The girl settled down cross-legged on the grass at the old manís side, laying her staff along side her. Her fingers drew idle patterns in the lush foliage around them.

"Iíll wager youíre pretty good with that staff," the old man said to the girl on the ground. "I can tell by the way you carry it."

The bard felt herself blushing at the compliment. She raised a wide smile to meet the old manís grin. "Iím still learning, but Iím getting better as it goes along," the girl said.

"How long have you traveled with my ĎTaia?"

"Almost two and a half summers, now."

"And you two are great friends, arenít you?"

"Sheís my best friend," Gabrielle said. "Sheís the best friend anyone could ever have."

Cadmus placed a gentle hand on the blonde head beside him. Gabrielle felt a warmth spread through her at the old manís touch. She looked up to meet his kind expression.

"She gets that from her grandmother, my sweet Atalanta."

The old manís eyes glistened as he spoke the womanís name. The bard quickly deduced that the reference was to his wife.

Cadmusí glance drifted off in the direction of Xenaís departing figure. "My girlís still much too hard on herself, though, isnít she?"

Gabrielle looked up at the old man, startled by his insightful comment about her friend. Before she could respond to his mysterious and surprisingly accurate knowledge, Xena appeared from amidst the trees. She was carrying the frame of a travois, the long, wooden sides already bound and braced with sections between them.

"This should make your journey easier, Cad ... sir," the warrior stammered. "Gabrielle, weíll need some boughs from those fir trees over there."

The girl rose, took the small dagger the warrior handed her and disappeared into the surrounding forest.

Xena watched the girlís departure then turned back to the old man. His steady focus on her made the tall woman slightly uneasy. She found herself returning his attention with a nervous smile.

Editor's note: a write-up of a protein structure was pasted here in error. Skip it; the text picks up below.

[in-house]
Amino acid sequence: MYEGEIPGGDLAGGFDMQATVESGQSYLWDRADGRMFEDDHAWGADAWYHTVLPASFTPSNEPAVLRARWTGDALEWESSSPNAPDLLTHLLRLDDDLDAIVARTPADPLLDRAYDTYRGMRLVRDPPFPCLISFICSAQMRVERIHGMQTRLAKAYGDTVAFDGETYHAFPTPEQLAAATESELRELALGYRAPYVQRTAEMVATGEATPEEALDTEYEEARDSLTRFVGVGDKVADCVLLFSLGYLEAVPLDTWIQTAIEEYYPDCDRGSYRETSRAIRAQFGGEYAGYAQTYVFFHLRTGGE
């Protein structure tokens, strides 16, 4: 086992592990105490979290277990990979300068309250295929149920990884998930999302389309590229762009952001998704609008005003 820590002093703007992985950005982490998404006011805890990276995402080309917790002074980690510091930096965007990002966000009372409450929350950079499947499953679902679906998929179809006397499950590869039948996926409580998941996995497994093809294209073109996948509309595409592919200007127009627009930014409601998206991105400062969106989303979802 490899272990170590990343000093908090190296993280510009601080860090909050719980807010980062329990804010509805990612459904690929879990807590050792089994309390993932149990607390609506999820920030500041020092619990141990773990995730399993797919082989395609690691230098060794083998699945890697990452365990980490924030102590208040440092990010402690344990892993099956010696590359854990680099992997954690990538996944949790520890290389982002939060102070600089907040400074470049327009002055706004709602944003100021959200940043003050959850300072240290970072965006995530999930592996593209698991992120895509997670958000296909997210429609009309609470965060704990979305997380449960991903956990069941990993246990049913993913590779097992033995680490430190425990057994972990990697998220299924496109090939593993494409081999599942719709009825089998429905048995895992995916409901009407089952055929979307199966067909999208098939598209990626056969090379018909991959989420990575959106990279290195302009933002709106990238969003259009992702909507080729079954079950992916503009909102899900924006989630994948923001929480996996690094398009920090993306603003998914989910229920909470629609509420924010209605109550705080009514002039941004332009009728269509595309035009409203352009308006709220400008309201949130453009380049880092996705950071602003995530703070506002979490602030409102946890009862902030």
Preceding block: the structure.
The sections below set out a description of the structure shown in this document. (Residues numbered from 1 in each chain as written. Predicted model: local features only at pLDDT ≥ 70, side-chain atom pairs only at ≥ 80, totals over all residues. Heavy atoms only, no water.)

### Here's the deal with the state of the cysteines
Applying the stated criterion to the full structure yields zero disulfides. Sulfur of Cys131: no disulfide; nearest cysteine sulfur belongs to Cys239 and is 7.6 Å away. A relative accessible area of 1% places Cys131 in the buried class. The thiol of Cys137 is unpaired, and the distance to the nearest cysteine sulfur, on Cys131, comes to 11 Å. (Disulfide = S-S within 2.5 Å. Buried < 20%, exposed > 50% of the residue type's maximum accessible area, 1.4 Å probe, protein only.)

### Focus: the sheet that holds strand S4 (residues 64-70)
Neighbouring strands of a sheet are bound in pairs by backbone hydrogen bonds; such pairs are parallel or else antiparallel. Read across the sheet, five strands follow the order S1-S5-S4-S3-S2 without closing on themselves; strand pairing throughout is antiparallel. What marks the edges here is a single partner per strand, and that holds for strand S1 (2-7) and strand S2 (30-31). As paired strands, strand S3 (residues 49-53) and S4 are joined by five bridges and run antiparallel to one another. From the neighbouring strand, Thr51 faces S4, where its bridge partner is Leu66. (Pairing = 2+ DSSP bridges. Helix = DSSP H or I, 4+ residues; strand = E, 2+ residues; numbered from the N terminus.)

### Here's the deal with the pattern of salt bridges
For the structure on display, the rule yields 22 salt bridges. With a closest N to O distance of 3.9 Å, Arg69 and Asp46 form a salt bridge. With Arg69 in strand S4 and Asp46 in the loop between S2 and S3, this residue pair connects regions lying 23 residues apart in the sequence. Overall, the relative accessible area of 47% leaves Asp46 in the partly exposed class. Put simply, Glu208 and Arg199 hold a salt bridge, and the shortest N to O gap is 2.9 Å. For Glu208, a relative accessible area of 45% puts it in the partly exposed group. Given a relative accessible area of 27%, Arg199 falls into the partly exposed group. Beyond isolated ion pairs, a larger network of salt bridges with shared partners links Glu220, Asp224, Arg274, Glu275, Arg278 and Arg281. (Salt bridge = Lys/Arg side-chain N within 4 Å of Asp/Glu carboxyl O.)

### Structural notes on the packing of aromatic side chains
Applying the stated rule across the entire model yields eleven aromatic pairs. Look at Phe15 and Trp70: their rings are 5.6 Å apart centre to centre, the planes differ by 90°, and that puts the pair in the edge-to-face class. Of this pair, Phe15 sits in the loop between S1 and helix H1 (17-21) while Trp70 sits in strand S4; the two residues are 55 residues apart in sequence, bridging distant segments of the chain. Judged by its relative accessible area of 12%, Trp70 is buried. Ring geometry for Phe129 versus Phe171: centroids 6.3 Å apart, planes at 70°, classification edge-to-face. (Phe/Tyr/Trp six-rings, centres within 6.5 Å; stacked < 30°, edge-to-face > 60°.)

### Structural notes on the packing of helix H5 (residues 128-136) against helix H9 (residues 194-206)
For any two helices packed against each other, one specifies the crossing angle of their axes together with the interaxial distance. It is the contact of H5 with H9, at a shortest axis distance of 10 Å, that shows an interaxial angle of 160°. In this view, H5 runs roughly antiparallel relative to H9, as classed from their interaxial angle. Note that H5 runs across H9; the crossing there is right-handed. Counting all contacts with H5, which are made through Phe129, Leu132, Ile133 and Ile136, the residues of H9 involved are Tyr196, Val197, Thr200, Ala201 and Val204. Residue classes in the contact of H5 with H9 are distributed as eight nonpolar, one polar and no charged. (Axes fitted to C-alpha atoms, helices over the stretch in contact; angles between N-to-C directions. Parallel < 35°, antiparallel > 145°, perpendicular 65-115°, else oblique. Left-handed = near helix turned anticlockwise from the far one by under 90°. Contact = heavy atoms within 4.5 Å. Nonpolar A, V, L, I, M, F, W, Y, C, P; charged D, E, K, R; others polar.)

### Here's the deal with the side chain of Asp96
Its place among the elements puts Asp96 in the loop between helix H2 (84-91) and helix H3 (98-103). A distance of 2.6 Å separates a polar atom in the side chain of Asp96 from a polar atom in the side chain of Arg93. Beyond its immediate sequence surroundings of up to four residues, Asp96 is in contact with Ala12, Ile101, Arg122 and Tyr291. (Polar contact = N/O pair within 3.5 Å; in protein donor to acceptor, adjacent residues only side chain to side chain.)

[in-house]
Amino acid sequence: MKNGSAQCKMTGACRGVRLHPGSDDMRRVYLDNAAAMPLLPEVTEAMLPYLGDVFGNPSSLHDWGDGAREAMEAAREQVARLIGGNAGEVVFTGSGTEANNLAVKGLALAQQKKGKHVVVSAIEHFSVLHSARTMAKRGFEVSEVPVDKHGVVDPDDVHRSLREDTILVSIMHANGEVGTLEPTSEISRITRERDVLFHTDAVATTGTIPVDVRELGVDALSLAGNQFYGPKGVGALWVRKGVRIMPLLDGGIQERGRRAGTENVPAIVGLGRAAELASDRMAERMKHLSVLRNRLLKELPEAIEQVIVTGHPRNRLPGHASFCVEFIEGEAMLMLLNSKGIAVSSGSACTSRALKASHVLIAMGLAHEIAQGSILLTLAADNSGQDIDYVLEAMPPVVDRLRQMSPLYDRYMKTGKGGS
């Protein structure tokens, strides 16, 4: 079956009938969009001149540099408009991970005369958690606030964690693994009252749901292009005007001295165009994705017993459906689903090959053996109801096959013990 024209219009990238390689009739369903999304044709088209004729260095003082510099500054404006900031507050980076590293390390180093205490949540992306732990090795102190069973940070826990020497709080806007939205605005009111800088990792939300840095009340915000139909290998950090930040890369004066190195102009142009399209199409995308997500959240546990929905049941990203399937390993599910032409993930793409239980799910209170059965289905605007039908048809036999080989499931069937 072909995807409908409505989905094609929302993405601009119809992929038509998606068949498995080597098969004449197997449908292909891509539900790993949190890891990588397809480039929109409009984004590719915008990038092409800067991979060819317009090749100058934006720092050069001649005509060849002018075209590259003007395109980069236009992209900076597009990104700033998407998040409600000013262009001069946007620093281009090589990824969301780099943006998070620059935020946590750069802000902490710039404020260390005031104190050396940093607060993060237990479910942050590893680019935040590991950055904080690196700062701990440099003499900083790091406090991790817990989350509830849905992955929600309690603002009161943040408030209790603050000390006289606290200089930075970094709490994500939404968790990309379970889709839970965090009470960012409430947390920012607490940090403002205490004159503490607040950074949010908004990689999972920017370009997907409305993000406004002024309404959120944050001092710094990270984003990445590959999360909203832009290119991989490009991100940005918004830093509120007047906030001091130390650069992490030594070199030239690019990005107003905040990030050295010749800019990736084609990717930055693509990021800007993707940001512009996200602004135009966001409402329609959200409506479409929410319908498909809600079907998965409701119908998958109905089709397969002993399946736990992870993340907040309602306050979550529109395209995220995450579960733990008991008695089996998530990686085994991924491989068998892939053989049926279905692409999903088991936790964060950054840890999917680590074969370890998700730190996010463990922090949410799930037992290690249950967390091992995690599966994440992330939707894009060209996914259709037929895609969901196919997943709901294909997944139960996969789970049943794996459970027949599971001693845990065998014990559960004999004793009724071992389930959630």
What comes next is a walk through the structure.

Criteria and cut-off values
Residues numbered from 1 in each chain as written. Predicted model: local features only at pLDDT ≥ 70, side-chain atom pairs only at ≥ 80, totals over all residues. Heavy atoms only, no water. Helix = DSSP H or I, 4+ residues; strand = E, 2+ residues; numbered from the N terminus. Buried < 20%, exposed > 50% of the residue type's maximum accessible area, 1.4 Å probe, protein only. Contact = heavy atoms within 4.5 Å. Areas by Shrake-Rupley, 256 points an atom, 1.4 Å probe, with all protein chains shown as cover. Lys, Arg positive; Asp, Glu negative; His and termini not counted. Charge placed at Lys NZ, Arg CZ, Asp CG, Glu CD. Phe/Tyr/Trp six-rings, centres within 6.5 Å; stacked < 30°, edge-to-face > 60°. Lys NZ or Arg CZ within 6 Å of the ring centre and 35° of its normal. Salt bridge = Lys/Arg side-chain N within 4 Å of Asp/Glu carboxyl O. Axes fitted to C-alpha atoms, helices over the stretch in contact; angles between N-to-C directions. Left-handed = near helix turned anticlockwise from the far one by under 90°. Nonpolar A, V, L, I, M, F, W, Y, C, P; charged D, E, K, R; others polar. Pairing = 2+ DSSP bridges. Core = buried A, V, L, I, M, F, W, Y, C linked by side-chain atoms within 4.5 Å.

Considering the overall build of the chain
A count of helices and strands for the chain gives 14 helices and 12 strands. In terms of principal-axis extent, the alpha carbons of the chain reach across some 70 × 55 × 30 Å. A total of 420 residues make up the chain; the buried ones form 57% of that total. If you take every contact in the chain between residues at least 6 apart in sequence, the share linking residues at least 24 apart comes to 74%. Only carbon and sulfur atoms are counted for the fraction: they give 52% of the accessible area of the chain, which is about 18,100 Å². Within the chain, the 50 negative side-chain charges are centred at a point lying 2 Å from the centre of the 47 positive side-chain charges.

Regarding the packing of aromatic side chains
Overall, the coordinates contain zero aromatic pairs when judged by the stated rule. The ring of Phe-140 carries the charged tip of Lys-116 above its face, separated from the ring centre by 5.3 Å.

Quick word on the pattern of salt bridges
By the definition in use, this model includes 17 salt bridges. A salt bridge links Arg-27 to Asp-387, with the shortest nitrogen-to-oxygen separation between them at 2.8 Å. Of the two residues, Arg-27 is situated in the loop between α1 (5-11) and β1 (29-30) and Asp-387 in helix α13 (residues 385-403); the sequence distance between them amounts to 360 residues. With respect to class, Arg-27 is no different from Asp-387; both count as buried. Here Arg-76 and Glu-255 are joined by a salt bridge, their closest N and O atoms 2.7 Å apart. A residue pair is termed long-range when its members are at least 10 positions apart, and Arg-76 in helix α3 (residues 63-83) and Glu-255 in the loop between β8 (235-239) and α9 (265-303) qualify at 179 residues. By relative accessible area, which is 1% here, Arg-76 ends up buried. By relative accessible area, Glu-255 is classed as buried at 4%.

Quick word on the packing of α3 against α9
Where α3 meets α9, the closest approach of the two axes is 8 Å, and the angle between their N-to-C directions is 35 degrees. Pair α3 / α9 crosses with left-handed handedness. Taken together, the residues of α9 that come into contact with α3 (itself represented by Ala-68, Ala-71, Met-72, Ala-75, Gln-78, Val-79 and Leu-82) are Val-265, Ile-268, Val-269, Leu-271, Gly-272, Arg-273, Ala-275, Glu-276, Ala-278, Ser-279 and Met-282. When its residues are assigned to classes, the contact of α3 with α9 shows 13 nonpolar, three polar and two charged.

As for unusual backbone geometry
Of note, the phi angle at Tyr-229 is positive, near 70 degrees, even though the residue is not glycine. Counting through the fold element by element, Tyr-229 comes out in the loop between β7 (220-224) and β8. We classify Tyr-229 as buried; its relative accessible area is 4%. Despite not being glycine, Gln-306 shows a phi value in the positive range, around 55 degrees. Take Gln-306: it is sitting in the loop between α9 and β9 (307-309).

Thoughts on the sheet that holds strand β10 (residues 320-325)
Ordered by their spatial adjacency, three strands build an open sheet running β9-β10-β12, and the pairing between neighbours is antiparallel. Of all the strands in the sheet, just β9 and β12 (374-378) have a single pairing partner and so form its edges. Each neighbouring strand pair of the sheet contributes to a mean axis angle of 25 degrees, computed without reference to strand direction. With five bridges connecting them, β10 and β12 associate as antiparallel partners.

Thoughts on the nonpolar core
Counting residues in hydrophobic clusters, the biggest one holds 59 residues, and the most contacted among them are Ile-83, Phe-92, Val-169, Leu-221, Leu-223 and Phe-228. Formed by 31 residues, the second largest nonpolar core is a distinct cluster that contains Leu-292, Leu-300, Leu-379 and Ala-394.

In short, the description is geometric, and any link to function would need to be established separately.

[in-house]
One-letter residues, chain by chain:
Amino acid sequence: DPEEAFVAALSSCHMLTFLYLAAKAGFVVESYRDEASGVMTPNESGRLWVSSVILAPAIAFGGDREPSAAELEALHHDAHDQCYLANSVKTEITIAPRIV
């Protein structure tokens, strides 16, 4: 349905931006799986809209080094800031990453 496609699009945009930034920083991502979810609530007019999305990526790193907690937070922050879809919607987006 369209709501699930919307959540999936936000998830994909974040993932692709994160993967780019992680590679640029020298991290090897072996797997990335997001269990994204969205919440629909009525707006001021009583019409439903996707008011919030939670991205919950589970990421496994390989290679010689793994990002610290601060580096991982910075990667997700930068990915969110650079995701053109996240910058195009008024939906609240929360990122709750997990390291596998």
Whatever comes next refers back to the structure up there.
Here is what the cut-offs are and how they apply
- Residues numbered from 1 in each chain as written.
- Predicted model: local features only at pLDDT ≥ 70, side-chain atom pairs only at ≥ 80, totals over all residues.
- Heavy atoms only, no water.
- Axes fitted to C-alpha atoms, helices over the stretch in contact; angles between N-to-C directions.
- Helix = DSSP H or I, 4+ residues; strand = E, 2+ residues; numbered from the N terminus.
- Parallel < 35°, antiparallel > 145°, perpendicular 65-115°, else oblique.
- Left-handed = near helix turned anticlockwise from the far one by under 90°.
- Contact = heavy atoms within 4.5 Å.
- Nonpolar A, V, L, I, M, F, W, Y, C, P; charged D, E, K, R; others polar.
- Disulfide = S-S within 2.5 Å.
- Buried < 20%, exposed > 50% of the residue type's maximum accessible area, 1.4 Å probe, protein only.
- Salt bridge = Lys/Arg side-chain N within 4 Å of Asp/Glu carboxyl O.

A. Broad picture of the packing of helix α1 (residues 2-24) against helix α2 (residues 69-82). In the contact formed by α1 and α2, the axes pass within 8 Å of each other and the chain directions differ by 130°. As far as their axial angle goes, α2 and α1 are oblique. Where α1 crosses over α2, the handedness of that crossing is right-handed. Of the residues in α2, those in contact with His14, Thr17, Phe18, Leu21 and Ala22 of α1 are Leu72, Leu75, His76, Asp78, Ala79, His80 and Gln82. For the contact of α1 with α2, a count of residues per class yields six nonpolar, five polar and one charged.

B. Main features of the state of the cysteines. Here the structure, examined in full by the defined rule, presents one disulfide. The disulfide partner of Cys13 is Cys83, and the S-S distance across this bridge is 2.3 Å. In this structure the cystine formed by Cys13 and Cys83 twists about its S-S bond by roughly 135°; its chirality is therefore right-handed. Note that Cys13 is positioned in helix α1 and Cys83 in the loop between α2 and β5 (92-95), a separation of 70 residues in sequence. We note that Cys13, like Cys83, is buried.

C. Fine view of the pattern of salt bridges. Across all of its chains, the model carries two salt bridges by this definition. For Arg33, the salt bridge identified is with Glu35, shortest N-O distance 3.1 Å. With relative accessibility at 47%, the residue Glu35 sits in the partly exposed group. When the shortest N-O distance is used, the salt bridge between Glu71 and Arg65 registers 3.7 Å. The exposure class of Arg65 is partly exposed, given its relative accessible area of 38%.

"You have your grandmotherís eyes, you know," Cadmus said quietly. "Kind and gentle. The same soft, sweet, beautiful blue eyes."

For some inexplicable reason, the warriorís attention remained riveted on the aged gentlemanís face. She found she couldnít pull her eyes away from his. She felt a light flutter wafting through her stomach when the old manís gaze remained locked onto hers.

The warrior swallowed against the trembling in her midsection and moistened her dry lips with her tongue.

"I ... I remember ... when she taught me to ... sew."

The quiet statement shook the tall womanís inner structure. ĎWhere in Tartarus had that come from?í her mind clamored. She turned a startled gaze to the ground, searching for some clue to the lapse in her usually taut reserve. When she looked up at the old man again, the radiant happiness on the furrowed countenance brought a tightness to her chest.

Xena tenderly touched the sleeve of the worn tunic, feeling the frail arm beneath it. After favoring the elder with another small grin, she moved to attach the travois to Argoís saddle and secure the device behind the mare who stood patiently, impassively accepting the additional weight.

By the time the travois was secured, Gabrielle had returned with the lush branches from the fir tree. Together the two women spread the green blanket across the ladder-structure of the device, creating a soft, fragrant mattress for the old manís comfort.

"Well, I guess Iíve come to that age, havenít I?" Cadmus said ruefully, gazing down at the bed of branches. His cheerful face turned up to meet the warriorís blue gaze. "But, thatís one of the privileges of age, too." He laughed lightly. "May as well enjoy it."

He gathered his long robes around him and sat down in the middle of the branches, his wide grin still in place. When she was sure the man was comfortable, Gabrielle handed him his walking staff and the small bundle heíd been carrying on his shoulder.

Xena moved to the saddlebags and drew out one of their blankets. She swept it down over the old manís slender form and tucked the material tightly around him. The old man laughed softly and trained his blue eyes on the warriorís kind expression.

"Snug as a bug in a rug. Remember?"

The elderly figure smiled lovingly at the tall woman beside the litter, whose own blue gaze softened in return. A gentle laugh escaped from the warrior and the bard smiled in surprise.

Cadmus waved a weary hand toward the warrior and she bent down closer to him. He took her hand in his and gazed lovingly into the crystal blue glance. "Thank you, my sweet ĎTaia. I knew you wouldnít let me down."